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Live On WLIR – Big Star

January 17, 2019

Omnivore CD/LP

I am looking at my 1992 copy of BIG STAR Live. It came in one of Ryko’s distinctive sea green cases, packed in a wildly environmentally-unfriendly “long box”. Three CDs were released at the same time – Live, Third/Sister Lovers and Chris Bell’s I Am The Cosmos. For me this was a significant expansion of Big Star, since all I had heard thus far was #1 Record and Radio City.

Today we are all a lot better informed about the whole Big Star Thing. Third is now regularly feted as a ground-breaking and influential LP and Chris Bell’s contribution to the artistic success of Big Star is now well established.

So that leaves Live as the runt of the litter. Certainly it was an unsophisticated recording , done direct to two track in front of an invited audience in New York’s Ultrasonic Studios in March 1974. There are fourteen tracks and a revealing interview with Alex Chilton: listen to the relish with which he describes touring conditions as ‘pretty scummy’. Whilst original drummer Jody Stephens was still in the band his colleague in rhythm Andy Hummell had gone back to college and was replaced by John Lightman on bass. The mix underplays Alex’s guitar until the third track Mod Lang.

Big Star were always an erratic proposition in performance. No live tapes exist of the original Chlton/Bell/Stephens/Hummell line up, although their live-in-the-studio take of In The Street done for a promo single is impressive. So all extant live recordings are of the three-piece band, which in no way resembled other power trios such as Cream or the Jimi Hendrix Experience. Jody is a powerful drummer, but Lightman is tentative and Alex is also economical with his guitar parts: no lengthy jamming here. I am reminded of the Kinks, who had a similar endearingly uncertain live sound before they tightened up and went balls-out professional after signing to Arista in the late 70s.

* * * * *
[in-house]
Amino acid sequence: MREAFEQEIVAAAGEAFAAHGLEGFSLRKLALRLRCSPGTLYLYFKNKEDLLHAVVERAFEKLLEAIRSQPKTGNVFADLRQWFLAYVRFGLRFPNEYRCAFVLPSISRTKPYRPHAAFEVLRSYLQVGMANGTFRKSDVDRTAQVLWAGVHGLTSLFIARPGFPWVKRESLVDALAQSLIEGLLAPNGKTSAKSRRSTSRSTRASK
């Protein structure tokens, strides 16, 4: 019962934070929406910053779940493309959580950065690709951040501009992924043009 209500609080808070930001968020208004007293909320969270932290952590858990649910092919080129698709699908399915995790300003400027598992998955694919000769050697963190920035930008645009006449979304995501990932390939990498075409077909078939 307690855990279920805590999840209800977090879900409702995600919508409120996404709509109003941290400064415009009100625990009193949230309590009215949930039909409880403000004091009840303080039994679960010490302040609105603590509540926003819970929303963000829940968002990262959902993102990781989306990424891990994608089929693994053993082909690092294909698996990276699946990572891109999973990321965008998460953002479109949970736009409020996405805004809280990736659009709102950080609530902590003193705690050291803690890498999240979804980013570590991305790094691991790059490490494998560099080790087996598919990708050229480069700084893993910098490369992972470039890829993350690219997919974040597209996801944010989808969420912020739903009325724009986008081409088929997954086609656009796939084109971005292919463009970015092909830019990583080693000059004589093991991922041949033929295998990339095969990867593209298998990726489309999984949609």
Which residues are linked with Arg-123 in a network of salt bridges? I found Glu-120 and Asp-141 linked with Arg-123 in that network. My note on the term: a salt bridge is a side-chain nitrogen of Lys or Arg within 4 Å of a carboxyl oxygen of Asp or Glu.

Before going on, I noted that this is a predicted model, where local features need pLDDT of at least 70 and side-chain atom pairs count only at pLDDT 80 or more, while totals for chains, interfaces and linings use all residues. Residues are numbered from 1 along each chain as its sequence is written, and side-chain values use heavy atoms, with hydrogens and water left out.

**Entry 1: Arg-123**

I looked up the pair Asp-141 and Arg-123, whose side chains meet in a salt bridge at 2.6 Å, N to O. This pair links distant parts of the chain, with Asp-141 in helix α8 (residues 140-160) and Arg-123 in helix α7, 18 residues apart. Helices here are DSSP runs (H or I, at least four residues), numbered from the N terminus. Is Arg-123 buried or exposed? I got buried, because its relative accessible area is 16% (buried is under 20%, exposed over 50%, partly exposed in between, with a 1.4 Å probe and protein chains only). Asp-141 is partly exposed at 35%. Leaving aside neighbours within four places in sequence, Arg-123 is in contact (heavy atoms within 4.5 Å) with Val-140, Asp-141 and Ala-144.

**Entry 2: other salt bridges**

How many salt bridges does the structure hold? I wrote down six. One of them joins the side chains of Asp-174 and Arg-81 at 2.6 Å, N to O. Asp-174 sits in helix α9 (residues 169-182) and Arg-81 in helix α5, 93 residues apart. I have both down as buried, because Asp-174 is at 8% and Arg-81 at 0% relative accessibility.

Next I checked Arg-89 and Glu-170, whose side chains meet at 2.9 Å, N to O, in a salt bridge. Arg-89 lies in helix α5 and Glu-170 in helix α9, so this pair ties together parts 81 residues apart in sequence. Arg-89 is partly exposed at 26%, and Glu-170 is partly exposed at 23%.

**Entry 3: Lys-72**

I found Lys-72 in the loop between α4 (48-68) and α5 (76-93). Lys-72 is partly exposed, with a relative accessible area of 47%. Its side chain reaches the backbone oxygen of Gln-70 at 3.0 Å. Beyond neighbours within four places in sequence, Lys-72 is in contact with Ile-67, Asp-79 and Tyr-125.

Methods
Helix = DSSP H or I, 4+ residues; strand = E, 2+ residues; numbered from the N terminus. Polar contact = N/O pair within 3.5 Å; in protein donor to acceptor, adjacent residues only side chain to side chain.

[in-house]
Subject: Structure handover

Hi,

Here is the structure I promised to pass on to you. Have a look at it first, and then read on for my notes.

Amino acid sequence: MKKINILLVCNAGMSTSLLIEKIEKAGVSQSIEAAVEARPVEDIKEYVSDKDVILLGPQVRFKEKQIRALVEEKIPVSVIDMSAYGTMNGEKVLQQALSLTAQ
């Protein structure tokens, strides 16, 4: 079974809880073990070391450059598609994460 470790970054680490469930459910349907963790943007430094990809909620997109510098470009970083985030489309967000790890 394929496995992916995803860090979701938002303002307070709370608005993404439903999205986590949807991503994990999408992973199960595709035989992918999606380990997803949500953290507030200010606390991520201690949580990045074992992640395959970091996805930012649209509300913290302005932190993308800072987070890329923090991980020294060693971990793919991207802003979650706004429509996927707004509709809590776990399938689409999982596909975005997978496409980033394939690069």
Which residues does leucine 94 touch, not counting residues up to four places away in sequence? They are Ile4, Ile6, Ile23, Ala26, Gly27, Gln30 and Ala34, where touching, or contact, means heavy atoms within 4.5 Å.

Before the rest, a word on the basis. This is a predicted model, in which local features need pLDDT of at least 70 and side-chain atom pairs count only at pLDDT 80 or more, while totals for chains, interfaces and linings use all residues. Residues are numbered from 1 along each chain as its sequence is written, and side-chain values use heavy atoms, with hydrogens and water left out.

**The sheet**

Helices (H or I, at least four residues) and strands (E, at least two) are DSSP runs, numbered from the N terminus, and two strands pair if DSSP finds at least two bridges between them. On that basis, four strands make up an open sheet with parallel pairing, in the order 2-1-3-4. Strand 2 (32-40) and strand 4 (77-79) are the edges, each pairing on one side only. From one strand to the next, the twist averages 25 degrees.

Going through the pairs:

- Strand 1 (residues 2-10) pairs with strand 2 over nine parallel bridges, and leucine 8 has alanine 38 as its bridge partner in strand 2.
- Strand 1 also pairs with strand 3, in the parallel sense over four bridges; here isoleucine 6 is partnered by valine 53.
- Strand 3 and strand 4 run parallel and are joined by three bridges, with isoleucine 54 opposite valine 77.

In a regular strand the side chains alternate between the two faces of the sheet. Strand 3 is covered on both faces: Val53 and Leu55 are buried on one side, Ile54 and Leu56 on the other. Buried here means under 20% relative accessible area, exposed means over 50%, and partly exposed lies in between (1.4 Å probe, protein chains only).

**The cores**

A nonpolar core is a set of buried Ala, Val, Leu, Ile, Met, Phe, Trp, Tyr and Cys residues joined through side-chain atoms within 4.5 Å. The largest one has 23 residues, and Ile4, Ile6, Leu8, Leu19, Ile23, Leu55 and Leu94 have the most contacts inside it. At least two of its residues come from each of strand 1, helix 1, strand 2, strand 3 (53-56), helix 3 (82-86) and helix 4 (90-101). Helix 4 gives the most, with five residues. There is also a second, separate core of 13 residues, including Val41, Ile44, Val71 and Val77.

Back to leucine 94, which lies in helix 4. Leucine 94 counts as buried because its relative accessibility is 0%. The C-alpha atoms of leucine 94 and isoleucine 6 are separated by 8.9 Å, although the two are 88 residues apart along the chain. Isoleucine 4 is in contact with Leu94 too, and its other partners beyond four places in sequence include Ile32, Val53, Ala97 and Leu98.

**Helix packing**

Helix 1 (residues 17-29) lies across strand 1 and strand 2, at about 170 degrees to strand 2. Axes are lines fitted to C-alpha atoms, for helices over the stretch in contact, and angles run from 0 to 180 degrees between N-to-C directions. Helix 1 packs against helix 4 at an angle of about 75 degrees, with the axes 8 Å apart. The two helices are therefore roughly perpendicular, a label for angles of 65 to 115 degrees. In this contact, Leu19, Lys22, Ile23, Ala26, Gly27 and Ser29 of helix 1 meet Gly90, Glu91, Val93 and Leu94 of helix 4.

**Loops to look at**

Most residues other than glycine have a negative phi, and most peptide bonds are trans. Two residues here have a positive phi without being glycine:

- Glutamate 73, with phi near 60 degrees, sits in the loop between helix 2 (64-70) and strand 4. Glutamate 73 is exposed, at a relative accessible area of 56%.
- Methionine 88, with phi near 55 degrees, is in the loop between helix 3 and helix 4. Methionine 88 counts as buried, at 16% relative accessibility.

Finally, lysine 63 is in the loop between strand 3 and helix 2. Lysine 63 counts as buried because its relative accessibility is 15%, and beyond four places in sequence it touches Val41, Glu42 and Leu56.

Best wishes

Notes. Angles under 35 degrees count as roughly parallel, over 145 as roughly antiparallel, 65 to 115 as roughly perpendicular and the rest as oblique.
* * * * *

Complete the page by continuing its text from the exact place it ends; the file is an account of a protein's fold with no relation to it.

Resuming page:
Omnivore have remastered the original WLIR recording. Compared to the original Ryko disc this new version is more of a Rock sound, louder and heavier. It is probably more commercial and may even be better suited to modern playback devices but I prefer my lighter, poppier Ryko version. Robert Gordon has upgraded his original liner notes and there is an interesting interview with John Lightman. Recommended if you do not have the Rykodisc original.

Also recommended but harder to find is Beale Street Green , a CD which contains 8 tracks recorded at rehearsals for the WLIR performance with a looser and more punchy sound. These tracks are also available on the official Norton Records release Nobody Can Dance. And watch out for a recording from the same tour made in Cambridge on 31/3/74 : lesser sound quality but interesting covers of Baby Strange, Candy Says, Til The End Of The Day and We Gotta Go.


From → Gigs, Music

  1. Mike Baess permalink

    Nice review Simon.

    Have you read Ray Davies’ Americana?

    Well worth a read. There’s a very touching bit in there where, laid low and in recovery after his shooting/mugging incident, Ray was visited in his New Orleans flat
    by a down on his luck Alex Chilton.

    Big Star loved The Kinks and had covered Till The End of The Day and the pair had much to talk about. One day in mid-conversation, an old cowboy film came on the TV screen and the pair of them just fell silent, and watched the movie together which was about the changing west and how the cowboys of old were needing to change their ways and adapt to modern times. The similarity to their own lives resonated deeply with the pair of them.



    • Thanks Mike – I knew Ray and Alex were friends and remember Ray guesting on the Big Star Third show at the Barbican. Sounds like I need to add Americana to my Books To Read list…

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